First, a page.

Of course, JP couldn’t stay away from the challenge of hiking active volcanos and has picked up a two day hike to go to the top of the Acatenango and Fuego volcanos.
While JP was adventuring into climbing volcanos I chose to spoil myself that day relaxing at a spa. I missed having a proper massage and I needed badly a facial too.
JP departed very early that morning for the hike, climbed for 6-7 hours to the base of Acatenango volcano and after an hour and a half rest he went for 3 more hours return trip for Fuego, an active volcano with permanent eruption of lava.
He had a tremendous but tough experience to climb about a hundred meters close to the crater of Fuego. JP was really amazed and excited to see for the first time in his life, above the clouds, an active volcano with lava coming out of it.
The second day JP woke up at 5am and returned to the base. I went to the travel agency to wait for him with fresh clothes and food. He arrived exhausted, drained, he had red chicks and a tired face, but he was pumped, excited and proud he had managed the challenge.
JP satisfied his desire for adrenaline and adventure, but the whole experience was tough on his body. He could not walk properly the following day due to severe pain on his muscles and back legs. I must confess I was a bit worried with his idea of climbing an active volcano yet I trusted that all would be well with so many tours being offered in Antigua. At the end we were lucky as just three months after JP’s hike the Fuego volcano exploded in a deadly eruption killing more than 200 people.
As we returned to the campground out of nowhere our overloading friends Lindsay and Doug, with whom we hanged out in Mexico City, Oaxaca and Campeche had returned from Lake Atitlan with another fine couple of British overlanders, Sue and Ray. What a great surprise! The party was on.
We spent the whole last day together eating delicious breakfast at Mama Jojo’s, networking the streets, assisting the Catholic “preparations” for Eastern, taking pictures, drinking cocktails in sky bars and having a great Korean dish at the end of the day. A full vacation day spent in good company forgetting about absolutely everything. We had a blast!
The Guatemalans are very religions people, in particular Catholic. Every Sunday for four weeks before the Easter they have preparations for the “Procession” which is a street show portraying Catholic themes and the Passion, depicting the short final period in the life of Jesus. This is played by thousands of people and sprinkled with artful street flower arrangements, colorful garments and allegoric carts carried by the faithful crowd. It is unique and visually impressive generating a great attraction for locals and tourists.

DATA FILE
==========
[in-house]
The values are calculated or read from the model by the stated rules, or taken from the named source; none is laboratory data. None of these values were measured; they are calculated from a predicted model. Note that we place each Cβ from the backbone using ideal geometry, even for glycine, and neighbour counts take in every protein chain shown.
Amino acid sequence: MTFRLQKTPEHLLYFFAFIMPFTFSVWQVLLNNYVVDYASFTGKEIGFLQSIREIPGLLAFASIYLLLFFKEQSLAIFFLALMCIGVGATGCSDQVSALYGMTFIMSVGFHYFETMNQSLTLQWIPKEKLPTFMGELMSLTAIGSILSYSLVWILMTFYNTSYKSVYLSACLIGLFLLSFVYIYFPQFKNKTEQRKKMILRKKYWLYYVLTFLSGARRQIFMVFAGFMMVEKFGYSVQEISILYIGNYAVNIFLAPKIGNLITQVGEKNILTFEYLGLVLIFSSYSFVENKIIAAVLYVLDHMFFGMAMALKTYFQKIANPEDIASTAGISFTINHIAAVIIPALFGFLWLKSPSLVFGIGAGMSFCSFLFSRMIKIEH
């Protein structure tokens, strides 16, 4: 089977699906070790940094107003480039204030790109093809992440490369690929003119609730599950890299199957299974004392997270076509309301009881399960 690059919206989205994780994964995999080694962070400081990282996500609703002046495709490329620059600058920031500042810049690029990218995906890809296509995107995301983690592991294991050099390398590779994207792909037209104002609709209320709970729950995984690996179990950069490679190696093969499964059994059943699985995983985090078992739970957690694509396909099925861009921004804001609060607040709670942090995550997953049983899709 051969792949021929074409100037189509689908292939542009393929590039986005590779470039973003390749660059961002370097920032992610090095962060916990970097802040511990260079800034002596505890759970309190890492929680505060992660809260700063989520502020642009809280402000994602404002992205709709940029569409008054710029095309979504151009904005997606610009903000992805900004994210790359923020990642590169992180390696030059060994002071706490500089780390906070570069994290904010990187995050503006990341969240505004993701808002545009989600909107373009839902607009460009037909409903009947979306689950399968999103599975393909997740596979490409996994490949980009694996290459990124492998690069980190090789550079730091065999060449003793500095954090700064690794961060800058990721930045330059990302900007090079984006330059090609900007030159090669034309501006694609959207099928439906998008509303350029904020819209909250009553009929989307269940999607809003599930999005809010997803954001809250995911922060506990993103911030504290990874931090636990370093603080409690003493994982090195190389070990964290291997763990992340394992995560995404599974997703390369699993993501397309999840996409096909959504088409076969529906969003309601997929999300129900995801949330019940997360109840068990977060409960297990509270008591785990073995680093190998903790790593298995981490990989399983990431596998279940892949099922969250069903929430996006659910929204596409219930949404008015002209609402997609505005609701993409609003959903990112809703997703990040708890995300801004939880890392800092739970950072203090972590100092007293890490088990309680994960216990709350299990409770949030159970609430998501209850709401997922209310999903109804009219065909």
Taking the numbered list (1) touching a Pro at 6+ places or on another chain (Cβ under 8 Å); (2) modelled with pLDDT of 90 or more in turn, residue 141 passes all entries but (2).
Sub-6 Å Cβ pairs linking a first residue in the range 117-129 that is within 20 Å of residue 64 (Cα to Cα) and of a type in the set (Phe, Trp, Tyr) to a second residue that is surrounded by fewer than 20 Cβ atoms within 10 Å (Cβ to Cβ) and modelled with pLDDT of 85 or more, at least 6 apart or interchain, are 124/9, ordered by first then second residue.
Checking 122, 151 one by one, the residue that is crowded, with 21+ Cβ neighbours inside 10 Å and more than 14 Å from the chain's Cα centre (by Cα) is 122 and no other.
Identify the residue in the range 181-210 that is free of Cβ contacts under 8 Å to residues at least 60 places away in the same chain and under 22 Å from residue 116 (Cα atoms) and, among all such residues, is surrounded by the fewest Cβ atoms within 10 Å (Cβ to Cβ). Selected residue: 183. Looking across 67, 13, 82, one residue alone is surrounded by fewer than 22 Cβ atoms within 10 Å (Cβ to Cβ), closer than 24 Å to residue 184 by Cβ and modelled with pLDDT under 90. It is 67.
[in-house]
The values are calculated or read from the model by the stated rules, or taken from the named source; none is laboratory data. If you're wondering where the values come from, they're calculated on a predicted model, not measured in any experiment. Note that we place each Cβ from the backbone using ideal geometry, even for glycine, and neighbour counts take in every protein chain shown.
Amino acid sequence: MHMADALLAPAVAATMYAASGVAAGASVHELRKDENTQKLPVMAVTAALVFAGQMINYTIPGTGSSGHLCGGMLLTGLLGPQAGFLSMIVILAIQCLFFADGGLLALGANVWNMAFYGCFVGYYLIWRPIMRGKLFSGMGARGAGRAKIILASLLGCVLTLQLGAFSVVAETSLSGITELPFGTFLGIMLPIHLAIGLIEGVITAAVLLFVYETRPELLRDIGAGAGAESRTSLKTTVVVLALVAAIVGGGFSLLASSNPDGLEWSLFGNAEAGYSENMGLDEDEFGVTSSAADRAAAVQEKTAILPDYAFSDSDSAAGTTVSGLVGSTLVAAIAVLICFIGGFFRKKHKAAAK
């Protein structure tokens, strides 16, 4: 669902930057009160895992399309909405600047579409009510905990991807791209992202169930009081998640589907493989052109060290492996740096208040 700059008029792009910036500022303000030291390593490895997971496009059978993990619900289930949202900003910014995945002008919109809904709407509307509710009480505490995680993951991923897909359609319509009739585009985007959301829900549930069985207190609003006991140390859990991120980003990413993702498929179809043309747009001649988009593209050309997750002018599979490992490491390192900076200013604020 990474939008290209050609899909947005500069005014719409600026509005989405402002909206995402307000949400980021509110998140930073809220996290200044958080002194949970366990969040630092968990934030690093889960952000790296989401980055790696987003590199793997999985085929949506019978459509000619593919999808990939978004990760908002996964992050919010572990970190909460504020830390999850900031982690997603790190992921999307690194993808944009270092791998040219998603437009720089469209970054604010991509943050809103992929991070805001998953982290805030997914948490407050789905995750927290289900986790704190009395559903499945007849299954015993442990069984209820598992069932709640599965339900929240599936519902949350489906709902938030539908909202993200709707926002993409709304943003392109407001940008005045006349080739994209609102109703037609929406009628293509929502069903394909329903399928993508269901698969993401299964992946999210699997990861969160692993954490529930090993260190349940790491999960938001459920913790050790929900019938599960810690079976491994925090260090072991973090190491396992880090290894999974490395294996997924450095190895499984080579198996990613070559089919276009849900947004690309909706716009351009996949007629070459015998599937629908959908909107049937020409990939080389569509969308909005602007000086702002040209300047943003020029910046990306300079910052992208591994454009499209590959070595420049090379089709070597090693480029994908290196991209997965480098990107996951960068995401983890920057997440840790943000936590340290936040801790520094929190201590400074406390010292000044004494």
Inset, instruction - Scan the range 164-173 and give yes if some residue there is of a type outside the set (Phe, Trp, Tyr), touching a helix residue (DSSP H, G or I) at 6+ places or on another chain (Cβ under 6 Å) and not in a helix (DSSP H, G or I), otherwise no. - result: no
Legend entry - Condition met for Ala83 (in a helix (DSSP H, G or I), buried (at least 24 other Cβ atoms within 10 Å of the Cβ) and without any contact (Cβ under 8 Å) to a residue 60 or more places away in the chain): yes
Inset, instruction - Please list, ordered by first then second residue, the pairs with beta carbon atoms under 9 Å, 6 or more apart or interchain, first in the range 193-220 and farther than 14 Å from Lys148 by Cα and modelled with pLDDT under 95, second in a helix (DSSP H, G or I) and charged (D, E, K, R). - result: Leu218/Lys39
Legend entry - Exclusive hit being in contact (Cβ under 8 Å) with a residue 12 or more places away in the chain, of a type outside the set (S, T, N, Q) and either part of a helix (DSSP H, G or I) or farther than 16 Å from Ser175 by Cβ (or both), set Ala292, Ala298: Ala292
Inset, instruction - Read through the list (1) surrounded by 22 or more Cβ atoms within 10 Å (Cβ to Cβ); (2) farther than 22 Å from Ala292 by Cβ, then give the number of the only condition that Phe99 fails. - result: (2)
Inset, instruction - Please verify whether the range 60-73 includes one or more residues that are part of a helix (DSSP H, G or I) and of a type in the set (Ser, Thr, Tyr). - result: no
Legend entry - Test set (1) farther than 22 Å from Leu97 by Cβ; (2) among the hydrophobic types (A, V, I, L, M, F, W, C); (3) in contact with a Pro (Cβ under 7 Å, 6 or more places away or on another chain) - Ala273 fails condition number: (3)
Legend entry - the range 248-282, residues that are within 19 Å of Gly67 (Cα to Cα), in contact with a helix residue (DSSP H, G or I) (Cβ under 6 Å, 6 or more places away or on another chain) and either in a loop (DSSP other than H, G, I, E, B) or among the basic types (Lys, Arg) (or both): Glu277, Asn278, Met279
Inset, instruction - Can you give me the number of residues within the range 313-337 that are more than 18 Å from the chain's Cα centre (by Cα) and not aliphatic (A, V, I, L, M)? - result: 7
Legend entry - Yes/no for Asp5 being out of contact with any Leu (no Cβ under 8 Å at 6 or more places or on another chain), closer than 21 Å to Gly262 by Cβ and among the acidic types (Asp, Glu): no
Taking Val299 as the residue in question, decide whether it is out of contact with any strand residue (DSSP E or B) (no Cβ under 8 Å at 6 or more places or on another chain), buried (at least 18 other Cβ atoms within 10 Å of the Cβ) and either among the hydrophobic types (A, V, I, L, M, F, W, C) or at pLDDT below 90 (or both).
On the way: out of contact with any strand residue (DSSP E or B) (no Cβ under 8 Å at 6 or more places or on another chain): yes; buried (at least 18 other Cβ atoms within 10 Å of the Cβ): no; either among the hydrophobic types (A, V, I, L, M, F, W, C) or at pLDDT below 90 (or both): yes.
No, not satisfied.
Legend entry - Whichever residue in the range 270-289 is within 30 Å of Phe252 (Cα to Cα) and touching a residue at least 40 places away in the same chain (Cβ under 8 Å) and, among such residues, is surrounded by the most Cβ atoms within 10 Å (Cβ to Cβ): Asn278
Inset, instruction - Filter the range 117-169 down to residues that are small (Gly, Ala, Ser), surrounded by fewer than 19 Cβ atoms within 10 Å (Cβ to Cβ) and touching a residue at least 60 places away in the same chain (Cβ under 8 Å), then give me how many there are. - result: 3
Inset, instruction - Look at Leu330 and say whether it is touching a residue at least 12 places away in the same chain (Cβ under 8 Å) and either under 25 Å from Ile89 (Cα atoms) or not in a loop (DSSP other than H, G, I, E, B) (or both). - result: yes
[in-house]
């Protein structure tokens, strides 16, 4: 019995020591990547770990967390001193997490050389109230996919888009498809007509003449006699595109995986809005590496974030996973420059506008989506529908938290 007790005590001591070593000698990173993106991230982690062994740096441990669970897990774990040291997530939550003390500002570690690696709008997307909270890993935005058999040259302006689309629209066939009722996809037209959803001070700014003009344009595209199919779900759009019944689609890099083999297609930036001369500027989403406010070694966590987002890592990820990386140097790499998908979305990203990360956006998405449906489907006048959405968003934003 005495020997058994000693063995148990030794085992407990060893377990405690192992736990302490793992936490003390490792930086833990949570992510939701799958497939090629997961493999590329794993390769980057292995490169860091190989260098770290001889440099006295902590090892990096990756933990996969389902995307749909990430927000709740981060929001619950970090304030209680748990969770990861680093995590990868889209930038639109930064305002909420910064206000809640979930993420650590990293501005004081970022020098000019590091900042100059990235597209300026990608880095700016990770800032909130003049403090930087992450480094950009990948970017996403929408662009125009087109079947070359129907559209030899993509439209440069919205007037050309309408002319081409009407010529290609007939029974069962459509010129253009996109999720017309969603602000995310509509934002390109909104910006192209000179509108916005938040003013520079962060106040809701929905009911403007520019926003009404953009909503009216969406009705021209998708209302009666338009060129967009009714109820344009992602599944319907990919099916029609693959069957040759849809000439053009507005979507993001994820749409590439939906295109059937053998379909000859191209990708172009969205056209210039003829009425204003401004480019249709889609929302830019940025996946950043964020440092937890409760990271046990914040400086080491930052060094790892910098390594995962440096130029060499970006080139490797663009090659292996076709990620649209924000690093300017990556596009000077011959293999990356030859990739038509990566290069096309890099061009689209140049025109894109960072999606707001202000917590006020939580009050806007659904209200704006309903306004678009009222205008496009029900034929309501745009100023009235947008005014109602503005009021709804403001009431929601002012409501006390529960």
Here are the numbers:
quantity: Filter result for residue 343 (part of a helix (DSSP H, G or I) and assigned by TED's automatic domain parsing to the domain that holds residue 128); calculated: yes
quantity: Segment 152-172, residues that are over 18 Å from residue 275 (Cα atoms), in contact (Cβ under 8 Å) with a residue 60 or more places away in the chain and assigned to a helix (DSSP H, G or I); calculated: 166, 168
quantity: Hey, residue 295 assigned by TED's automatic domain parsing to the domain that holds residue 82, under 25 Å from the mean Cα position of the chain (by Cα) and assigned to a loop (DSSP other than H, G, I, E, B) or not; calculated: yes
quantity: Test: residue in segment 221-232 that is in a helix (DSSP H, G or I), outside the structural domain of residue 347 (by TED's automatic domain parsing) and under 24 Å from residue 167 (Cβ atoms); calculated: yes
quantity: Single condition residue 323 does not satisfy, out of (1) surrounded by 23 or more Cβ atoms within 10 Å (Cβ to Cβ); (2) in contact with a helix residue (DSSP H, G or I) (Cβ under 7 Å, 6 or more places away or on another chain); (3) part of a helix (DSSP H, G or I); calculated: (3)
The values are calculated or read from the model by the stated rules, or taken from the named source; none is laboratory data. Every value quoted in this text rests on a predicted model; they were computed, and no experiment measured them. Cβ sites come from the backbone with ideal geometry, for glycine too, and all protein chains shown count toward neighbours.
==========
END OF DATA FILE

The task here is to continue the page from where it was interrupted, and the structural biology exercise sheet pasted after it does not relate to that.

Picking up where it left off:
The allegoric carts were decorated with scenes from the bible and carried by various people dressed up in purple uniforms. The Passion of Jesus was at the center of the parade. The fanfare was playing dramatic songs, people were following the cart, laying down beautiful designs of flowers and decorations. This was happening the whole day and one could admire streets full of flower arrangements made by various organizations and even families to honor and remind about the sacrifices Jesus Christ went through for the humanity.
It was interesting to see different interpretations and celebrations of the Easter holidays. Indeed, it has been taken to another level in Guatemala, illustrating the importance and the role of Catholicism in the faith of the people. However it was beautiful to see.
At the end of the day, after a whole day spent walking and exploring the town, we had a great treat at a Korean-Japanese restaurant. That meal came as a blessing. I had “miso soup” and fried rice with shrimps. Nothing very special, I just missed these simple Asian dishes, while JP had a Korean barbecue. The night ended with rum and cigars to JP’s joy. There couldn’t be any better way to celebrate the pregnancy. We had a blast with our traveling friends.
The next day each couple went on their own way. Lindsey and Doug departed very early towards Belize, Sue and Ray stayed in Antigua for couple of more days while for us it was time to move on to El Salvador.
We had a great time in Guatemala, and the news about the arrival of our new family member made Guatemala an unforgettable place to us. We enjoyed the company of good friends whilst exploring Antigua’s varied culture, its superb cuisine and dramatic volcanos. Tikal was a tremendous Maya experience in the middle of the jungle, and we allowed ourselves to dream about sailing in Rio Dulce. The time had come for us to advance with our road trip, continuing on our mission to put mileage on and cross El Salvador, Honduras and Nicaragua. The shipment of our truck from Panama to Cartagena, the only means of transportation to cross the Darien Gap, was already booked for the 8th of April. We had 3 weeks to arrive in Panama from Guatemala. What a challenge! Off we go on the road again!